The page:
Pin It
Submit to Reddit
Favorite

Susanne Dillingham, owner, The Tiny Chef 

At 24 years old, Susanne Dillingham can make any young entrepreneur feel humble. She attended culinary school in Italy and returned to open a business here called The Tiny Chef, which she created to prepare private dinners in people's homes and to give hands-on cooking classes.

Creative Loafing: How did it help to learn in Italy opposed to the United States?

Susanne Dillingham: Italians have a really relaxed attitude towards cooking. You learn to not freak out in the kitchen, and just take it as you go. You can develop what they call your "sixth sense," which is your cooking sense. That consists of learning to use all your senses together at the same time when you're cooking. I am going to move back there in about a year to focus on wine; I would love to get involved with making wine.

How do you keep your views on the culinary culture fresh?

I travel a lot. I go to Italy twice a year, and I love it there but also learn a lot while I'm there. I have taught classes in a city named Jesi, Italy. I also go to Sebastopol, Calif. to teach at Viva Culinary Institute of Florence once a year. I always try to stay learning, and I am constantly in a class -- whether it is a wine class or something else. I am constantly learning.

Where did you develop an interest in wine?

That started in Italy as well. I took a class for one semester, and it was with a horrible teacher, which made for a horrible experience. Then the next semester I took a class with a crazy teacher named Jonathan. He would get so emotional and crazy when he talked about wine that veins would pop out on his forehead. Before that I had no interest in wine, but as he told us historical, personal and funny stories about wine, the less I thought he was crazy and the more I got excited. He was the one who told me to always keep learning.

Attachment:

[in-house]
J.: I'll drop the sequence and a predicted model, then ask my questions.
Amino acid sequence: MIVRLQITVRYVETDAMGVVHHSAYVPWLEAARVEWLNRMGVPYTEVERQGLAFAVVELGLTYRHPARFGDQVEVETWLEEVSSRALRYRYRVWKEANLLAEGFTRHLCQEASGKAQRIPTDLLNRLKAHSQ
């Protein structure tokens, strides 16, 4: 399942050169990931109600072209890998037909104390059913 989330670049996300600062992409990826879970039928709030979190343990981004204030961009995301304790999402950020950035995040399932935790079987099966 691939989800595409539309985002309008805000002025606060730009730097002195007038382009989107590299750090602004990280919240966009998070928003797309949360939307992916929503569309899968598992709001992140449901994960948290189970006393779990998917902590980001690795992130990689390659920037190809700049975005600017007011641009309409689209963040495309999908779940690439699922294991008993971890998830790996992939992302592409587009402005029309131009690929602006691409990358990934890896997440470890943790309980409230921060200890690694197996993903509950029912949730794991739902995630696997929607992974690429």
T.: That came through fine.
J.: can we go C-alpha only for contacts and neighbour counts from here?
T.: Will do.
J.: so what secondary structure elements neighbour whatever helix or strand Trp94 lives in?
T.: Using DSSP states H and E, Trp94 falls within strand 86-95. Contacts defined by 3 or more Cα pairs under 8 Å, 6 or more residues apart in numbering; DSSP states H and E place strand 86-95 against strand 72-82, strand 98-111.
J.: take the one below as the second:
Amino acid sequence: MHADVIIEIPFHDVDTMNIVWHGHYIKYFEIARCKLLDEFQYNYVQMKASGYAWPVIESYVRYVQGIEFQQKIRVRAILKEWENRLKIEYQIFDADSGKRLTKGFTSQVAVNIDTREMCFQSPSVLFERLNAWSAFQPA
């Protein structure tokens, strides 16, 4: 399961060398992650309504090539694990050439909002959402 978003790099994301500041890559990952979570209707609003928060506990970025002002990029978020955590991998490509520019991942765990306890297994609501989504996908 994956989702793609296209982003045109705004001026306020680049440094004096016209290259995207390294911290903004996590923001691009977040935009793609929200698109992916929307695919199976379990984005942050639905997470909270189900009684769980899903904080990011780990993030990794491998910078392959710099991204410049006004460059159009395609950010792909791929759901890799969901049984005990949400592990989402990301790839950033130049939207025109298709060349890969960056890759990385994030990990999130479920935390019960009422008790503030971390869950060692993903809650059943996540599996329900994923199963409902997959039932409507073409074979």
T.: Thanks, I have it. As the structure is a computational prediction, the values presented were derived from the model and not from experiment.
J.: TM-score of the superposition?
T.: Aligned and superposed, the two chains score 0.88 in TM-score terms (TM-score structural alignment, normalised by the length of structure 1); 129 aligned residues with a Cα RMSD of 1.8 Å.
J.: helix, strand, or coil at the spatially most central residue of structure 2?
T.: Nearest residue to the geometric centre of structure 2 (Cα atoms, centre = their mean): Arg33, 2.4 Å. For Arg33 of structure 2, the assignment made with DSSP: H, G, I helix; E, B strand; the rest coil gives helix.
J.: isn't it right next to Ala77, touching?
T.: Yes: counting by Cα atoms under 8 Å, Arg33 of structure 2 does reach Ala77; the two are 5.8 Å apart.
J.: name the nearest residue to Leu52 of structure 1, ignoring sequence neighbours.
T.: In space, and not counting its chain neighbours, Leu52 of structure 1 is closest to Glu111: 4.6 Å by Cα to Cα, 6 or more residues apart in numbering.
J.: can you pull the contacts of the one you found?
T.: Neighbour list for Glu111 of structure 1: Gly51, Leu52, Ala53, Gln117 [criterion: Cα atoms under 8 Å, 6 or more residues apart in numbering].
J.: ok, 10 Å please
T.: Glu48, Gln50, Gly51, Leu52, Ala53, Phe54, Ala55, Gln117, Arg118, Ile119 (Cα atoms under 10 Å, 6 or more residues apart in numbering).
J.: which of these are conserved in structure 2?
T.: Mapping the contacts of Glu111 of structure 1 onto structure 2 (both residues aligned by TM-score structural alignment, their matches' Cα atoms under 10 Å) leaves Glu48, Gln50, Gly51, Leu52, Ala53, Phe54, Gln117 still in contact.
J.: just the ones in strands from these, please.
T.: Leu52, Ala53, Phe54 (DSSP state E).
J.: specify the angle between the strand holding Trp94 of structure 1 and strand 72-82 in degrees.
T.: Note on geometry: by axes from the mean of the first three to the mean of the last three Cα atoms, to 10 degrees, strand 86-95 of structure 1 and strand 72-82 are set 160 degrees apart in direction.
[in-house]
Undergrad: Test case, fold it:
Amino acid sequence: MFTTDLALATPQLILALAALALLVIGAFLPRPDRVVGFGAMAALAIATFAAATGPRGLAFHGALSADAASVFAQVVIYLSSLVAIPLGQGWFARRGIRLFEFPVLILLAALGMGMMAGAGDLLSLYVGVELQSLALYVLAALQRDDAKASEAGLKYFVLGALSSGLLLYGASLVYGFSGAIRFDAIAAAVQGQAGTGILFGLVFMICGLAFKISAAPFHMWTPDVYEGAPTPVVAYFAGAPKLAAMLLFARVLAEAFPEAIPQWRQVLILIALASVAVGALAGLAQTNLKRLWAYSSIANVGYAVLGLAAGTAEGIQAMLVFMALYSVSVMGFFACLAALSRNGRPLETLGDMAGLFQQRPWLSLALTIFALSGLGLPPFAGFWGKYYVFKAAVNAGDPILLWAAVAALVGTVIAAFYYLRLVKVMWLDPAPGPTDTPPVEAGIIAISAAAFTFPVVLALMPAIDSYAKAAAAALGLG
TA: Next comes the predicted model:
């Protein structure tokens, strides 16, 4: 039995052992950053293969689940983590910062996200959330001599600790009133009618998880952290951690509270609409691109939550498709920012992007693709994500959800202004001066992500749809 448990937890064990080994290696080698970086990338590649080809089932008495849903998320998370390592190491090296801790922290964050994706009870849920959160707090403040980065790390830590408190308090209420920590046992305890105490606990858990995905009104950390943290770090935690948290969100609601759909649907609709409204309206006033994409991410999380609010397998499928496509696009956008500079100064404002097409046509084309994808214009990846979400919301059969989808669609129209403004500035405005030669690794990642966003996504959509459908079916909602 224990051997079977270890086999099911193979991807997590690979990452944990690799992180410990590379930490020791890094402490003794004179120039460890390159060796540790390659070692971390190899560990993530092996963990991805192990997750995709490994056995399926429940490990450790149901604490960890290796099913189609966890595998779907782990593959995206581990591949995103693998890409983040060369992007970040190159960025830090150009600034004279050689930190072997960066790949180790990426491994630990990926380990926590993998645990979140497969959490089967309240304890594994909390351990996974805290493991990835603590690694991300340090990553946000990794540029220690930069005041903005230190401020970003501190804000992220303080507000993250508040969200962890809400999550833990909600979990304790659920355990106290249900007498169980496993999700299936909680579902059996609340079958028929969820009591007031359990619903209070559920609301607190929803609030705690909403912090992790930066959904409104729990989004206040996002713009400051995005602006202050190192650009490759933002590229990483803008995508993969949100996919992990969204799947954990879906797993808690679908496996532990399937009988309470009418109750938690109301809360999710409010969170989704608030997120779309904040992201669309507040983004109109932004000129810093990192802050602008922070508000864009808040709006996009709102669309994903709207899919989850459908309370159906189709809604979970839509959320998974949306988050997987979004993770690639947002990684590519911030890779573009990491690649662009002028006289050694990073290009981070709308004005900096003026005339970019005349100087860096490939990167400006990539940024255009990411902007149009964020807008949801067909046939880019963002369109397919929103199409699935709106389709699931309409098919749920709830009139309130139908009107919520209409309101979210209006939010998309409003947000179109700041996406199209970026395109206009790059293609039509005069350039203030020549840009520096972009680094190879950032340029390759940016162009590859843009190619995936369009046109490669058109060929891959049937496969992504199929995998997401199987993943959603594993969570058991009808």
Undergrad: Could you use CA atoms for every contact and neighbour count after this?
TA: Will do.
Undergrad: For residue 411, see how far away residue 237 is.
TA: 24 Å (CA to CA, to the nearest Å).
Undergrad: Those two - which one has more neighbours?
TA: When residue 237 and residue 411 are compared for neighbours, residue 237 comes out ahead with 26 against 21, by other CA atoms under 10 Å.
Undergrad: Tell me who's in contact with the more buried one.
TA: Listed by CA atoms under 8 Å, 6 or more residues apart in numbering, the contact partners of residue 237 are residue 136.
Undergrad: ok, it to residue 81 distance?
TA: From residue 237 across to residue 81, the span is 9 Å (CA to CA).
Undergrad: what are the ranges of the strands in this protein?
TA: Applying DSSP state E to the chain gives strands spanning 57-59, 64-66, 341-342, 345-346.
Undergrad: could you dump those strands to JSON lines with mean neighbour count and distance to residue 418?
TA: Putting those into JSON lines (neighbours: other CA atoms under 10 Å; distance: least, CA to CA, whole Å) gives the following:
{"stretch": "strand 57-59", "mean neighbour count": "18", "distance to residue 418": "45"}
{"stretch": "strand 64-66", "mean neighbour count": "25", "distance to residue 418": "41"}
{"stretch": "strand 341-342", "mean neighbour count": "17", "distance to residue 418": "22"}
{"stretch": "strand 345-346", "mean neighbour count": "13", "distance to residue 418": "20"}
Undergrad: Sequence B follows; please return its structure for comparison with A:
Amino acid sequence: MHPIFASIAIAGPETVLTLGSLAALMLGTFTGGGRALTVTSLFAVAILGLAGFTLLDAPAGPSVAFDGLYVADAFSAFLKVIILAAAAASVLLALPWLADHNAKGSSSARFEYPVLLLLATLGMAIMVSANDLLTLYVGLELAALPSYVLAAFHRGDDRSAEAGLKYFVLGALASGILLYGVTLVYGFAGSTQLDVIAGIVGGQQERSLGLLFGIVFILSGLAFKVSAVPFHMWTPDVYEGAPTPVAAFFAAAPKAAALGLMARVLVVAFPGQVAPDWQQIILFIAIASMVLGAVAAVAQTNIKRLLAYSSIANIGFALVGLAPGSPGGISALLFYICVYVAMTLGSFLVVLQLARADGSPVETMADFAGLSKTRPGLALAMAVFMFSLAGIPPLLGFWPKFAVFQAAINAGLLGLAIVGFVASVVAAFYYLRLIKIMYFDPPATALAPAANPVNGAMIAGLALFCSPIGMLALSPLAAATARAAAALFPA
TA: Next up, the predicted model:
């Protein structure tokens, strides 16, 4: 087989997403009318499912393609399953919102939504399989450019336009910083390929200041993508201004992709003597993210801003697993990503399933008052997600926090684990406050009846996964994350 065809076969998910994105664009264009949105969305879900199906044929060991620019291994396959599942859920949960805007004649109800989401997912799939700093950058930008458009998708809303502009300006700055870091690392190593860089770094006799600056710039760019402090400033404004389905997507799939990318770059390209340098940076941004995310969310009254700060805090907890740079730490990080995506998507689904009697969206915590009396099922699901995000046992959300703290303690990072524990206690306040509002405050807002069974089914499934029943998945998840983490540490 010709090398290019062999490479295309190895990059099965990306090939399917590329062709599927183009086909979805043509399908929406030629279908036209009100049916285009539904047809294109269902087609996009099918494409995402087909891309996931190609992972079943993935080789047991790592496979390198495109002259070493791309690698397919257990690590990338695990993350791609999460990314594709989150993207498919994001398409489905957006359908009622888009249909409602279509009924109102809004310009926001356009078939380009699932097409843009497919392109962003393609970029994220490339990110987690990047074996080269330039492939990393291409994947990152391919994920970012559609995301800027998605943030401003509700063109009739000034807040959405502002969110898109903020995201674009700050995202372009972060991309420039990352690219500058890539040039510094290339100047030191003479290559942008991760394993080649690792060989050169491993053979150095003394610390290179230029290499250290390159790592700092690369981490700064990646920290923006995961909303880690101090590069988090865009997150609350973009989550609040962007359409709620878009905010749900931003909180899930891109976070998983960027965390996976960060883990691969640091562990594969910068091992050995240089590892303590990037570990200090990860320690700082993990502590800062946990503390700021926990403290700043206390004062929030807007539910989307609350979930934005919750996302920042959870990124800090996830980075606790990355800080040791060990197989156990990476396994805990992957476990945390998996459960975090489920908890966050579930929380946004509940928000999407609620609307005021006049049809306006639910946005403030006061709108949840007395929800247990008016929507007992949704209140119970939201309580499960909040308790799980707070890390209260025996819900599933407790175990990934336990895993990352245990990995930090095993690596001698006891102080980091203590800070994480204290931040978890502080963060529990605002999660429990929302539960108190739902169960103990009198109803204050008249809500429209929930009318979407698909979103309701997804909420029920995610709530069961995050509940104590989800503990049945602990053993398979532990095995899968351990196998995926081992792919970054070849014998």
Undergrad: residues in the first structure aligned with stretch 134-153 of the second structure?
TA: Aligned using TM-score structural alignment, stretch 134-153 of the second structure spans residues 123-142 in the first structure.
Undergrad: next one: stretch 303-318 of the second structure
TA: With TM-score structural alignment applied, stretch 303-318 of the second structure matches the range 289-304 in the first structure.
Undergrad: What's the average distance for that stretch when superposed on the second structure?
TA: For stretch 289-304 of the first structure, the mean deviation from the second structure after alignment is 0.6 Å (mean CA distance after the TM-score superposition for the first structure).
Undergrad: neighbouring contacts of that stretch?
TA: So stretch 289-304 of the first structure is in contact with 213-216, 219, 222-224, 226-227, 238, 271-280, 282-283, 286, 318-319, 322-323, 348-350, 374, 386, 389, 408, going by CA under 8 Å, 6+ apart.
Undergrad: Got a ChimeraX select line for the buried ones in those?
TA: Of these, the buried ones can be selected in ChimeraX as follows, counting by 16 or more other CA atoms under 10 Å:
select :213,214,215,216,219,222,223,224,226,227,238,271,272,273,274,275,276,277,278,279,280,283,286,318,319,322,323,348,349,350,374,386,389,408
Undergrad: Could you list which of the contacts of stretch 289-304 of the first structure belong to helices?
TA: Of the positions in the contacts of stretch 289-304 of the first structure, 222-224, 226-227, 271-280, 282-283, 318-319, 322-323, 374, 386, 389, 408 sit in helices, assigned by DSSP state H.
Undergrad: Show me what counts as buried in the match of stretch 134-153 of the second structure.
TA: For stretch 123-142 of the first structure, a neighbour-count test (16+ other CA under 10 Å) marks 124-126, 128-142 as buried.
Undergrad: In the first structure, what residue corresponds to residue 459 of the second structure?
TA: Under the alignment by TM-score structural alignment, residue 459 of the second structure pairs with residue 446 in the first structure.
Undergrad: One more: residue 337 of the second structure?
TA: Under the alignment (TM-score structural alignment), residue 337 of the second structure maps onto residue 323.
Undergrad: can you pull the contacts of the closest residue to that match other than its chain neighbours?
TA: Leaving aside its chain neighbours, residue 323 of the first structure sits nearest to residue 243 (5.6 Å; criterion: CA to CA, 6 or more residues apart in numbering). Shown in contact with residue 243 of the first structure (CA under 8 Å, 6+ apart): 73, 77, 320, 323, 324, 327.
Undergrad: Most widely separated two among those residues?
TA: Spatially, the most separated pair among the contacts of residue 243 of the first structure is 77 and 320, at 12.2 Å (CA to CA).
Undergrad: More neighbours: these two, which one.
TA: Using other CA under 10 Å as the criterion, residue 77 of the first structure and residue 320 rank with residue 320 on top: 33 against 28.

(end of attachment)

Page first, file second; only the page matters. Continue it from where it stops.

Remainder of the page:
Pin It
Submit to Reddit
Favorite

Comments

Subscribe to this thread:

Add a comment

Creative Loafing encourages a healthy discussion on its website from all sides of the conversation, but we reserve the right to delete any comments that detract from that. Violence, racism and personal attacks that go beyond the pale will not be tolerated.

Search Events

Photo Galleries

  • On Saturday, Oct. 21, hundreds gathered at Camp North End on Statesville Avenue for Charlotte's first black alternative music festival. We captured some of the bands in action on stage, but mostly we surveyed the grounds as fans, families, vendors and more lounged around the sprawling, colorful Camp North End site. It was a great day of music, food, fun, and sweet, autumn sunshine. (Photos by Mark Kemp)
» more slideshows
www.flickr.com
items in Creative Loafing Charlotte More in Creative Loafing Charlotte pool

© 2017 Womack Newspapers, Inc.
Powered by Foundation